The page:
Kamala Harris and Cory Booker lag far behind the others with their climate initiatives and Mayor Pete Buttigieg does not appear serious about climate based on the answers he gave to The New York Times back in April.  

Inslee’s dropping out does not make the case that climate change action is a non-starter in today’s politics. There are too many farmers in red states, where soil quality is diminishing due to climate change and yielding fewer and lower-quality crops, and flooding and tornadoes are intensifying. And too many red state voters live along coastlines where the seas are rising and reside where fires are raging and water tables are dropping

Activists calling for action also aren’t going away any time soon, and no one should underestimate the power of American youth who will vote on climate. Jay Inslee didn’t ruin the issue at all. To the contrary, he made it front and center, along with the debates about healthcare and income disparity.

Polls show that the GND has enormous appeal to Americans: A Yale Program Climate Change Communication poll conducted in December of 2018 found 81% of registered voters either strongly support (40%) or somewhat support (41%) the GND, although support drops considerably, especially among Republicans, when it is attacked as socialist and exorbitant.

Another Yale climate program poll released in April found climate change ranking third among 29 important issues for registered voters among liberal Democrats and eighth for moderate and conservative Democrats, up from last year’s Yale poll, where climate change ranked fourth out of 28 issues for liberal Democrats and 16th for moderate and conservative Democrats.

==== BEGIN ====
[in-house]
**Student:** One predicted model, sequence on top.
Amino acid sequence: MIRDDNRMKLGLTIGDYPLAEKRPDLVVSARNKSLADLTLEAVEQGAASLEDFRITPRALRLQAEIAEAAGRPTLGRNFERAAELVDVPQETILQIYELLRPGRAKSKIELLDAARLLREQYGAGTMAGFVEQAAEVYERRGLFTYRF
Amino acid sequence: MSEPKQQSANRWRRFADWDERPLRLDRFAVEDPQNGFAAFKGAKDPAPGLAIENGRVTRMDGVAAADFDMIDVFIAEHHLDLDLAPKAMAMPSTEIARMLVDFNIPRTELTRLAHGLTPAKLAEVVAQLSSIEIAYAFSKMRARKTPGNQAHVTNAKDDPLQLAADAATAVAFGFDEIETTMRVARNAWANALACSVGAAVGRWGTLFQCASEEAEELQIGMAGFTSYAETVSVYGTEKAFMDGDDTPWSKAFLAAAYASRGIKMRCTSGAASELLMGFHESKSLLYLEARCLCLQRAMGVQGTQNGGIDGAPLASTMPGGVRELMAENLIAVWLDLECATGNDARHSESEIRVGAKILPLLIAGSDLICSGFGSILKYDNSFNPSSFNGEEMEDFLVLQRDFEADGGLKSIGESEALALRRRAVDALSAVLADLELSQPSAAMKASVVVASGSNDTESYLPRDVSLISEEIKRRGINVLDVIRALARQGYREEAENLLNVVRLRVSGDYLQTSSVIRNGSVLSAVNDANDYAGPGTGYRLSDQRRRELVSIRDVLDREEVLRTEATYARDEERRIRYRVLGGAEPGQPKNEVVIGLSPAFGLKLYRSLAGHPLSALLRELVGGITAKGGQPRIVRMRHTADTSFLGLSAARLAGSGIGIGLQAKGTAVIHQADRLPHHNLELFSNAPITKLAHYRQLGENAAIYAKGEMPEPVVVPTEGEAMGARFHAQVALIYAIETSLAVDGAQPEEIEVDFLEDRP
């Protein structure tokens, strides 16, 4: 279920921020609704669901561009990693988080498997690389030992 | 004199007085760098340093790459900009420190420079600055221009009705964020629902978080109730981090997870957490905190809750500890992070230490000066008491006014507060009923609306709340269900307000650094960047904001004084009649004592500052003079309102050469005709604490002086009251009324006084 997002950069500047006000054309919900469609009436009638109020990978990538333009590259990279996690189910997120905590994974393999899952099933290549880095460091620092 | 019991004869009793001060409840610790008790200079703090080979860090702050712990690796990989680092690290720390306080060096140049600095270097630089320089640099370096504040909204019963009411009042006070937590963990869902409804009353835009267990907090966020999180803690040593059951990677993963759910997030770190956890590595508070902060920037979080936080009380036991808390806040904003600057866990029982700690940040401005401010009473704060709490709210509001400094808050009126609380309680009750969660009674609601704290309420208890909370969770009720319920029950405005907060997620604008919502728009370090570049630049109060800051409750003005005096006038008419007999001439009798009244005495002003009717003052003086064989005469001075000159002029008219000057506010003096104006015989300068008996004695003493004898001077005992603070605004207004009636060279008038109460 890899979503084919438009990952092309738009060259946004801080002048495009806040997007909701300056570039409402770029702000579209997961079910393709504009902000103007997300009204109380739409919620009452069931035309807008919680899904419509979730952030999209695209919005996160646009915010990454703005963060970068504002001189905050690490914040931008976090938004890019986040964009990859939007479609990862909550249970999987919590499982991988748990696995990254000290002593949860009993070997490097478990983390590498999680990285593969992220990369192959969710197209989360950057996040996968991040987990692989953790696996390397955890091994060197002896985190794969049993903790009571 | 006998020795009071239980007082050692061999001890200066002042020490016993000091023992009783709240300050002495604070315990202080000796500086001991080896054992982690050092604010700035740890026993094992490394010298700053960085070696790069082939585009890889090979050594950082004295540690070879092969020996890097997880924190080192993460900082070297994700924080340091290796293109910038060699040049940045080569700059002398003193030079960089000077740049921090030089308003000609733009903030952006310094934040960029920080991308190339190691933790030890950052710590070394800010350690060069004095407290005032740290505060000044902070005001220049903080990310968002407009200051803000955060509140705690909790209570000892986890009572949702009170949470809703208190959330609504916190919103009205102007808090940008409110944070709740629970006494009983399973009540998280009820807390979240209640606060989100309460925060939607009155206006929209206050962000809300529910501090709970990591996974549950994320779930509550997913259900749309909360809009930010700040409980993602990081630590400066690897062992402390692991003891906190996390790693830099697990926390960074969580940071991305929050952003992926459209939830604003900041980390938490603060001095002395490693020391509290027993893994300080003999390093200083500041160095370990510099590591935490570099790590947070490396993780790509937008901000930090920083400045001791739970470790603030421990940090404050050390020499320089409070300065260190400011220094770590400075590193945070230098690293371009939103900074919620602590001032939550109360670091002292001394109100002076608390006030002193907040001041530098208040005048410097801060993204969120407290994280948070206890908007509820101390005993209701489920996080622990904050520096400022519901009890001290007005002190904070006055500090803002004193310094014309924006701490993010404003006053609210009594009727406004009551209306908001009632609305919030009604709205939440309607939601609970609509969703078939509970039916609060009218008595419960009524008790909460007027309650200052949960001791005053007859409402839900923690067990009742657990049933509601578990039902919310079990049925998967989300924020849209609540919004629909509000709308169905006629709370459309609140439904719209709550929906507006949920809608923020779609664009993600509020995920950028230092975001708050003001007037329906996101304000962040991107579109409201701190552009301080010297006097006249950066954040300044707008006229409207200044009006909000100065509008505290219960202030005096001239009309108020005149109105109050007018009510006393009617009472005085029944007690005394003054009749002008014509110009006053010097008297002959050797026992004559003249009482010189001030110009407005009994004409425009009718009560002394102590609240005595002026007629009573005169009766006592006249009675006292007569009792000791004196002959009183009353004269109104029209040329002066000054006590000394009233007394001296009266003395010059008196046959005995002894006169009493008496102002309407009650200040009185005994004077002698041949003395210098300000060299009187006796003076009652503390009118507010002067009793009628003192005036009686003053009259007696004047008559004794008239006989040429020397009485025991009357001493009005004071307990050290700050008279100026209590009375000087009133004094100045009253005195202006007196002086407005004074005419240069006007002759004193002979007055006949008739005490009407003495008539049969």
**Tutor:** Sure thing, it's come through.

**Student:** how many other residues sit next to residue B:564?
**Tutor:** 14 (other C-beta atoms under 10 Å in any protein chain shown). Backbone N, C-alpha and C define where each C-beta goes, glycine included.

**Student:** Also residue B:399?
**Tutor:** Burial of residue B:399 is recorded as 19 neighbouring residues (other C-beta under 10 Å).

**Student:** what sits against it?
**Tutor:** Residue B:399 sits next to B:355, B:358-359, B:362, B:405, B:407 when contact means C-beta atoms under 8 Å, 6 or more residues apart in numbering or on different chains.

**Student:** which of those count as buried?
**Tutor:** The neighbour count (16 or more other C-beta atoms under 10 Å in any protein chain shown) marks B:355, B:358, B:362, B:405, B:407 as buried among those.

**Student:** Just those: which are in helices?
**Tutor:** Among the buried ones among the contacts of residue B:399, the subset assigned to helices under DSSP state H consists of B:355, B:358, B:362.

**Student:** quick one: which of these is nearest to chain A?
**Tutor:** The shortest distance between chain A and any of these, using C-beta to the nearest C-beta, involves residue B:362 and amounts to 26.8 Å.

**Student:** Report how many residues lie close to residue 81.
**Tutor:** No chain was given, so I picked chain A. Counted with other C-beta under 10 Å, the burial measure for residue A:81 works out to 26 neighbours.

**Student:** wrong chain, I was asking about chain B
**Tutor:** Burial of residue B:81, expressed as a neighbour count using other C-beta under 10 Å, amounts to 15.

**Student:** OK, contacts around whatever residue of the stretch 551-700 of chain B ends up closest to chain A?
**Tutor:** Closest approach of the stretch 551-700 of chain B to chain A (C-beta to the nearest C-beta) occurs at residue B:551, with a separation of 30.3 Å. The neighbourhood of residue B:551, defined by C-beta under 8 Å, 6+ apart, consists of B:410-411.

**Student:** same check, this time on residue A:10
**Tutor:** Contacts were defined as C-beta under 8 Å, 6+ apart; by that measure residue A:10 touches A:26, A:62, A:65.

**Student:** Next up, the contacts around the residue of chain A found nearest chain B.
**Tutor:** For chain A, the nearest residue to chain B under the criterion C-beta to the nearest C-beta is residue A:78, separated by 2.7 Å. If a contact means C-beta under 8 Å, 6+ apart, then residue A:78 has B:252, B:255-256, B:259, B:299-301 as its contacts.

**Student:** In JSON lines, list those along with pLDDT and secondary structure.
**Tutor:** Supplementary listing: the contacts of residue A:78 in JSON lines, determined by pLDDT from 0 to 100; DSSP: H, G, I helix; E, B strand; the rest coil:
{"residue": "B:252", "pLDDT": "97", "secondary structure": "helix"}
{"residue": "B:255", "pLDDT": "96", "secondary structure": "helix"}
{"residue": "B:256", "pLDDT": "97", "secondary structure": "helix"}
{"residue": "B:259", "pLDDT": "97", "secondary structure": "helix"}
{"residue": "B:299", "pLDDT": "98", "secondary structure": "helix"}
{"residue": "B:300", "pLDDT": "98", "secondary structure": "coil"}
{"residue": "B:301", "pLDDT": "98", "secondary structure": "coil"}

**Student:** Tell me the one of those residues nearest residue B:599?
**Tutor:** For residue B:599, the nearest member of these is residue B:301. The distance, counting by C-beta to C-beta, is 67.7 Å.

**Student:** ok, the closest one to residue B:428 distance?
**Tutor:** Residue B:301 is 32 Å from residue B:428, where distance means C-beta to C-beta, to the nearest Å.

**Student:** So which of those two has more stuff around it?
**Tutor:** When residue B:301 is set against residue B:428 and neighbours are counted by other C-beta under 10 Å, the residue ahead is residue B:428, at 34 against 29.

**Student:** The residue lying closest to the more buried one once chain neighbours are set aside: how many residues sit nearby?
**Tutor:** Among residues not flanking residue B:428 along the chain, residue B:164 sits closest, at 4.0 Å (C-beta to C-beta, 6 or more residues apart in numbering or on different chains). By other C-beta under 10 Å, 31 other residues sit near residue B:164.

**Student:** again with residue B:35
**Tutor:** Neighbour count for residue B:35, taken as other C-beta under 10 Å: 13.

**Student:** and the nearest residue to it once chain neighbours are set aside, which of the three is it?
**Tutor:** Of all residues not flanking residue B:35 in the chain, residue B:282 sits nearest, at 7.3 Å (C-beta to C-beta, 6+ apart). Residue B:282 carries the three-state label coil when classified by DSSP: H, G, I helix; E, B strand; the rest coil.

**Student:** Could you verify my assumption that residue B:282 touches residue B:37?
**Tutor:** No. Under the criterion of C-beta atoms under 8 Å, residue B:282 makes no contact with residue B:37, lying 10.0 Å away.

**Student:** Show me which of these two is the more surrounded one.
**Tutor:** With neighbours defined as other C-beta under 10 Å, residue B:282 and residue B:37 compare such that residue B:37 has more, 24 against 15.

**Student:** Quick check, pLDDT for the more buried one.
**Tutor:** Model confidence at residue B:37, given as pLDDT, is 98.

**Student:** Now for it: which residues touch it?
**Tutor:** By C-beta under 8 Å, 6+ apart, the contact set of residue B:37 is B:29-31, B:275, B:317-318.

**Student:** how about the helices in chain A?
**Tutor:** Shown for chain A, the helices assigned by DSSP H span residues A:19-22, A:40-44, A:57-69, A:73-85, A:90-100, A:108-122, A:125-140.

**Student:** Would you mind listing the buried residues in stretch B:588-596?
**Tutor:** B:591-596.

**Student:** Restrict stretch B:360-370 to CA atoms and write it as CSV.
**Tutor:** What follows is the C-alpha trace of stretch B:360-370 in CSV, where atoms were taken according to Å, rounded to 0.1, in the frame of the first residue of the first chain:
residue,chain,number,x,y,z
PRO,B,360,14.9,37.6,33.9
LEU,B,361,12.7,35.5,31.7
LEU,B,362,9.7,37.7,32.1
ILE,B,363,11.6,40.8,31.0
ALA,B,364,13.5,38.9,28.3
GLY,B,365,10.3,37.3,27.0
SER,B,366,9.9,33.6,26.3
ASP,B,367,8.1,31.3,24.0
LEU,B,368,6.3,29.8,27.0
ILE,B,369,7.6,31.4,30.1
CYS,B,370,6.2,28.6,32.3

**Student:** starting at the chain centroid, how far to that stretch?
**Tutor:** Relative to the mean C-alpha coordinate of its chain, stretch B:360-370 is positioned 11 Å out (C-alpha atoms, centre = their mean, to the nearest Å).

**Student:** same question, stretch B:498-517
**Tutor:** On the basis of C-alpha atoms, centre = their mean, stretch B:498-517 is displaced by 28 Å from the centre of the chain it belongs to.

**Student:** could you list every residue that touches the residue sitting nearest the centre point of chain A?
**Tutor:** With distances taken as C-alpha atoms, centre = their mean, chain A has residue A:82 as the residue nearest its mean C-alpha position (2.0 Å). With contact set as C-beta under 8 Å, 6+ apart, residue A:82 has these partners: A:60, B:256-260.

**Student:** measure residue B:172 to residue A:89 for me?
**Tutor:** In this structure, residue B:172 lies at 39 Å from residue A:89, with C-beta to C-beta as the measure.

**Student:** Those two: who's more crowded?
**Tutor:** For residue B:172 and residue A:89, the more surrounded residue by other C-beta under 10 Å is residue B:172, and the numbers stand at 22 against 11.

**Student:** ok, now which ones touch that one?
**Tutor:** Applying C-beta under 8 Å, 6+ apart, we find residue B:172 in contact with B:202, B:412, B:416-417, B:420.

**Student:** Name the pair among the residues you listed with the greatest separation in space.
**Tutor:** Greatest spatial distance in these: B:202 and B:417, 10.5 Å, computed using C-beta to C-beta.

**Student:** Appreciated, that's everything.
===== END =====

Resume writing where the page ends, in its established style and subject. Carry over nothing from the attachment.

I’m not saying the Democrats won’t blow this, nor that the Republicans won’t outsmart them on climate with their messaging about the cost, the risks to the economy, and the end of the American way of life as we know it—and there is no question that addressing climate change is very costly and will involve disruption with winners and losers.

But the obvious impacts of a warming world have many voters across the political spectrum concerned, as do the obvious ramifications of a country where wealth and economic opportunity are concentrated in the hands of so few and the jobs of the future are so uncertain. The Republicans know this, which is why they no longer try to deny the reality of climate change and why they mounted such a strong attack on the GND. 

Links to Jay Inslee’s six-part Climate Mission Agenda:

For additional analysis of Jay Inslee’s climate plan and presidential campaign, please see these excellent stories by ace climate and clean energy reporter, Vox’s David Roberts

Image: NASA Jet Propulsion Laboratory

Eileen V. Quigley
Eileen V. Quigley
Eileen V. Quigley is the Executive Director of the Clean Energy Transition Institute, which advances strategies to achieve deep decarbonization and accelerate the transition from fossil fuel to clean energy. Eileen’s career includes eight years as a journalist in Washington, DC and New York City, covering politics and business; 10 years in the high-tech industry in Seattle; and 14 years as a nonprofit manager. She is a part-time Instructor at Western Washington University’s Institute for Energy Studies, where she co-teaches a winter quarter course on transitioning the Northwest energy systems to clean energy, and the author of several papers on clean energy solutions. Eileen received her Master of Science in Journalism from Columbia University and her Bachelor of Arts in Literature from Yale University.